Friday, January 4, 2013
ARC Review: Delusion
Harcourt Children's Books, 2013
YA Historical Fantasy
Scheduled for release January 8
Source: Received an ARC through Amazon Vine in exchange for an honest review.
I loved the idea of magicians and magic interwoven into a plot set during the beginning of WWII so that was what initially grabbed my interest, in addition to the mention of sisters, my story weakness. I also love the green on the cover as well as the font. However I perused some reviews before starting the book and ran across one from The YA Kitten, linked to below, that gave me pause. Knowing what was coming (and knowing that I would not like it) made me disinclined to finish the book although I did manage to drag myself through to the end.
But let's go back to the beginning. Phil and Fee are daughters of magicians and set to make their big stage debut with a trick of their own design and implementation. As they perform though, Nazi bombs are dropped over London, killing and destroying. Their parents and older brother volunteer for special missions to aid Britain but the twins, at only seventeen, are sent off to the countryside to be kept safe. Phil is outraged and immediately sets about trying to prepare everyone their for a pending Nazi invasion though they seem strangely unaware of the situation while Fee is dreamy-eyed and hopeful of meeting a young man to be her partner in a Jane Austen story. Boy, are both girls in for a surprise when the stumble across a magician's college! Phil meets Arden, who tries to kill her on first meeting for her nosiness while Fee meets Thomas, the fulfillment of all her romantic hopes and dreams. As Phil tries to galvanize the school into action, they also face a threat from German magicians who take the racial superiority rhetoric of Hitler further and believe magic folk above all commoners who they would like to subjugate.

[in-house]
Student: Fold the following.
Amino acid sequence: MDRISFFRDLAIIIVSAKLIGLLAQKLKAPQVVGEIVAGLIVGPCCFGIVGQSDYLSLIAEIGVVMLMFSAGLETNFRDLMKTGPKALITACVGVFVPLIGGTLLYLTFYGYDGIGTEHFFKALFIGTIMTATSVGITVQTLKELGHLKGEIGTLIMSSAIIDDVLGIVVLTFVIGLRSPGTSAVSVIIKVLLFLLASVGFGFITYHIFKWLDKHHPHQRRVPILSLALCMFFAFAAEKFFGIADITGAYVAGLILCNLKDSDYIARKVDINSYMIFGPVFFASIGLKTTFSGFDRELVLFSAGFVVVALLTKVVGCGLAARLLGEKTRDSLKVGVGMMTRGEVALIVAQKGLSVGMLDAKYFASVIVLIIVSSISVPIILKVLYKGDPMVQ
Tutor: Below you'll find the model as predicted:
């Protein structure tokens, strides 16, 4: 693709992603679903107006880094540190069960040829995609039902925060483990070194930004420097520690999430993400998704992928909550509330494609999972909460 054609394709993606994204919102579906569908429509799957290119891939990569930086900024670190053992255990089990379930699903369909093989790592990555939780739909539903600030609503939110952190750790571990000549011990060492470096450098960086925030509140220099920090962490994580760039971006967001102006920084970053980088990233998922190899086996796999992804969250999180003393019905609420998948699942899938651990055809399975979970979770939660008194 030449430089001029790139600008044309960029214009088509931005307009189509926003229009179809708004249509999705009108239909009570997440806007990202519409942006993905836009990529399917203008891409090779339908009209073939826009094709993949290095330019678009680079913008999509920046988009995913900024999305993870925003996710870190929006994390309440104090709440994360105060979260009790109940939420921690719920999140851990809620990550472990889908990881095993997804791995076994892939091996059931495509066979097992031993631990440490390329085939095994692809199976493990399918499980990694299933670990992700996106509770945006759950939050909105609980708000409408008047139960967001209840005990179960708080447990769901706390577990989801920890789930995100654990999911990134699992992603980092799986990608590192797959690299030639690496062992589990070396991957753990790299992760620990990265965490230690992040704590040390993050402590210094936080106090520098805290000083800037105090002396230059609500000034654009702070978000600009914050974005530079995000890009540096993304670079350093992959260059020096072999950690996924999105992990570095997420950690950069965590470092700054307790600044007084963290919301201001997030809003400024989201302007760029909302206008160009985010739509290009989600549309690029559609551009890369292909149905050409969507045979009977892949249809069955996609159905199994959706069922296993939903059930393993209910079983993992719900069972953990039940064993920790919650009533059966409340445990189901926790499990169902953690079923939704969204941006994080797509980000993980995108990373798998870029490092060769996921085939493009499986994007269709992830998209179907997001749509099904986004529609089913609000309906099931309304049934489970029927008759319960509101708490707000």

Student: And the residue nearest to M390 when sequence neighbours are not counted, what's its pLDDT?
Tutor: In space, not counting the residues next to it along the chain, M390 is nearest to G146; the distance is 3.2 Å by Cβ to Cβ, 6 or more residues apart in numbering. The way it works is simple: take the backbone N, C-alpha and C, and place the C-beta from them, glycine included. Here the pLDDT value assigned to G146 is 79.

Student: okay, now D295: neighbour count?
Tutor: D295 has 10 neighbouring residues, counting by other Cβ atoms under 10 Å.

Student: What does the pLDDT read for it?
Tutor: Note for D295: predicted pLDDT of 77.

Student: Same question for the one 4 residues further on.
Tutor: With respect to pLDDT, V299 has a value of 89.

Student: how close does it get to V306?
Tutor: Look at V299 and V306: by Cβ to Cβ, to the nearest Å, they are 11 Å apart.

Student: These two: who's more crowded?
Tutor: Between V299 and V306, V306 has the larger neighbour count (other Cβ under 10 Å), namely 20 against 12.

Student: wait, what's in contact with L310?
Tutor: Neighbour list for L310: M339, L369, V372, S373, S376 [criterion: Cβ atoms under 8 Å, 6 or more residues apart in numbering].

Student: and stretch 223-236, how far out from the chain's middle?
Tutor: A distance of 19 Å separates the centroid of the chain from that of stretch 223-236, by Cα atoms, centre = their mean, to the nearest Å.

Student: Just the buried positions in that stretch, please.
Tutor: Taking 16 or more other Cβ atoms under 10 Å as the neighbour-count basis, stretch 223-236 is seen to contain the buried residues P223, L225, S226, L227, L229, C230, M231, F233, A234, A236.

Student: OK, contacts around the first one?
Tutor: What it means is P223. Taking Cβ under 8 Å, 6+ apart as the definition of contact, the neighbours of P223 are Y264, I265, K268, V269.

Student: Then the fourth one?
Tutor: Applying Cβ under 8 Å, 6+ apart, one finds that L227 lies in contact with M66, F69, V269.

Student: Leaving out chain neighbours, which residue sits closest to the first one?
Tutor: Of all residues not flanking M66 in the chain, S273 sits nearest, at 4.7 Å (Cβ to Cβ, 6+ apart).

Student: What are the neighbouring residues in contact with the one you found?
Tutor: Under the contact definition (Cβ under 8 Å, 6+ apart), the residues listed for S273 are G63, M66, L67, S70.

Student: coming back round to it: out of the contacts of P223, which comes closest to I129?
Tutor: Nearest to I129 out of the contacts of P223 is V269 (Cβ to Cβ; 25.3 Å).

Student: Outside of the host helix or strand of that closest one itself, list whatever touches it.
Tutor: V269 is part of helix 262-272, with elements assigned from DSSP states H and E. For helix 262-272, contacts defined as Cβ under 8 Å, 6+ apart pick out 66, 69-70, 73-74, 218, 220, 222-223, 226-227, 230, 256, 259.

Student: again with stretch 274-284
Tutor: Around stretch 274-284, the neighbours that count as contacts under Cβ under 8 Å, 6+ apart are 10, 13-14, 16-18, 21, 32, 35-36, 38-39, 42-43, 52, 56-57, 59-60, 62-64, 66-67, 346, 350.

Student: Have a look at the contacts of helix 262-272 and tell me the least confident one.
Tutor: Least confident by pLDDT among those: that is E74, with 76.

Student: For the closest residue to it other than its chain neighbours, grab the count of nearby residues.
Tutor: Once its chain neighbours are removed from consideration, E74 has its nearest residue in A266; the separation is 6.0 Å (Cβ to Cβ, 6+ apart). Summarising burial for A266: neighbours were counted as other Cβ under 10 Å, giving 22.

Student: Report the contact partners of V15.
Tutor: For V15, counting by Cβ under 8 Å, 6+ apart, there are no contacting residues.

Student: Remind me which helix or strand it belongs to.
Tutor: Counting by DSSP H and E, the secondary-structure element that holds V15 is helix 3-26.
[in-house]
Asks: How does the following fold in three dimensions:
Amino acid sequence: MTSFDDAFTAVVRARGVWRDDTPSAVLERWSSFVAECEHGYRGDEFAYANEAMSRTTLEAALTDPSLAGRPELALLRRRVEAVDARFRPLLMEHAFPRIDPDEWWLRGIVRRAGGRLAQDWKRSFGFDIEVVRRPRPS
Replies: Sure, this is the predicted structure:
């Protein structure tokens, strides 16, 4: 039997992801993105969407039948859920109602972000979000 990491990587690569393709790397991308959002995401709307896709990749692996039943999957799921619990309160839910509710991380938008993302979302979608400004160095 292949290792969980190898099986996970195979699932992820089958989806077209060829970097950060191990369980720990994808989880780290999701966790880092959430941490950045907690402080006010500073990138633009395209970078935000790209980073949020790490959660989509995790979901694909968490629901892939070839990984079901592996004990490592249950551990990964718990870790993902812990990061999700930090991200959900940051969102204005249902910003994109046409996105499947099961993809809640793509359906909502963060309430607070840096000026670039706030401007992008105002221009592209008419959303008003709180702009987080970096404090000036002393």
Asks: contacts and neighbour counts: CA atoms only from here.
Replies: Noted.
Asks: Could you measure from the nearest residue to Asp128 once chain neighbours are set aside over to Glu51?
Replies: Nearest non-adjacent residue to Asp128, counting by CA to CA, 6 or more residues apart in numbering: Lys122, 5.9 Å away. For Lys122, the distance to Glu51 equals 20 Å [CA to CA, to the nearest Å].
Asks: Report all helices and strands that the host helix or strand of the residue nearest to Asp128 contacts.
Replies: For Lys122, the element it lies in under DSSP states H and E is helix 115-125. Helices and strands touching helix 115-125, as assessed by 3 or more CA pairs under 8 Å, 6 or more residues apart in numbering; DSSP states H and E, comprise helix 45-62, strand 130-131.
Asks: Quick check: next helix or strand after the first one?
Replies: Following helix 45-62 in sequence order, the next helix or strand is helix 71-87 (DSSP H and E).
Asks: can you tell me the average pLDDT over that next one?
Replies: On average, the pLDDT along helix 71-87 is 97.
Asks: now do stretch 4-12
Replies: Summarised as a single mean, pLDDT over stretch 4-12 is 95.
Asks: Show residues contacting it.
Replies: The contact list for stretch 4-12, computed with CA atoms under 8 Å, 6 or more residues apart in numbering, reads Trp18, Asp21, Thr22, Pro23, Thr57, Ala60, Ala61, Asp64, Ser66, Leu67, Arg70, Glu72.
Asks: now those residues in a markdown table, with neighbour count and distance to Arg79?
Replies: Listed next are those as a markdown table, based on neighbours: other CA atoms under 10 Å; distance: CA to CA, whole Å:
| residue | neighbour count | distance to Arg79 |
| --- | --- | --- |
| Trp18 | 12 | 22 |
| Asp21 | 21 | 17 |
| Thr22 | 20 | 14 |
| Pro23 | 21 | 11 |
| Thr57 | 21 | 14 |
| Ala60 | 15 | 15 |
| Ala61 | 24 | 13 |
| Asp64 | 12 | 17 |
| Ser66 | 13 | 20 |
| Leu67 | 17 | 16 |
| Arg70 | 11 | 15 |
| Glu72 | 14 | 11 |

In some ways this book reminded me of Cold Comfort Farm with the stranger coming in and trying to reorganize the sleepy small town for the better (or so she thinks). I thought there were some great passages and lots of comedic moments as well as some good inner conflicts for the characters. However it did seem to drag on despite the fact that one would think war would be a great driving force for action. I was a little confused about how much time had passed at certain points. Phil and Arden have a hate to love relationship, complicated by many factors but knowing what was to come for them, I had a lot of trouble supporting the relationship.
But the biggest problem is also one that has bothered other people and is very much a SPOILER so now you are forewarned. Phil (and Fee) have immunity to the magic practiced by Arden and his lot. Although he offers restoring the magic to her, she considers and refuses. Toward the end, as we approach the climax though, Arden decides to force the magic into her, hoping it will keep her safely away from the conflict. Yes, he radically changes her life without her consent and despite her very clear "no." This force causes her to pass out and when she awakens, she accidentally causes mass destruction and death to her guilt. However she is not sufficiently angry with Arden although I, and others, are more than pissed on her behalf.
Overall: Despite an intriguing premise and some great scenes, this ending leaves me very displeased.
The YA Kitten: Ashleigh's review is the one that forewarned me what was coming.
Wandering Librarians: Arianna also commented on the problematic ending.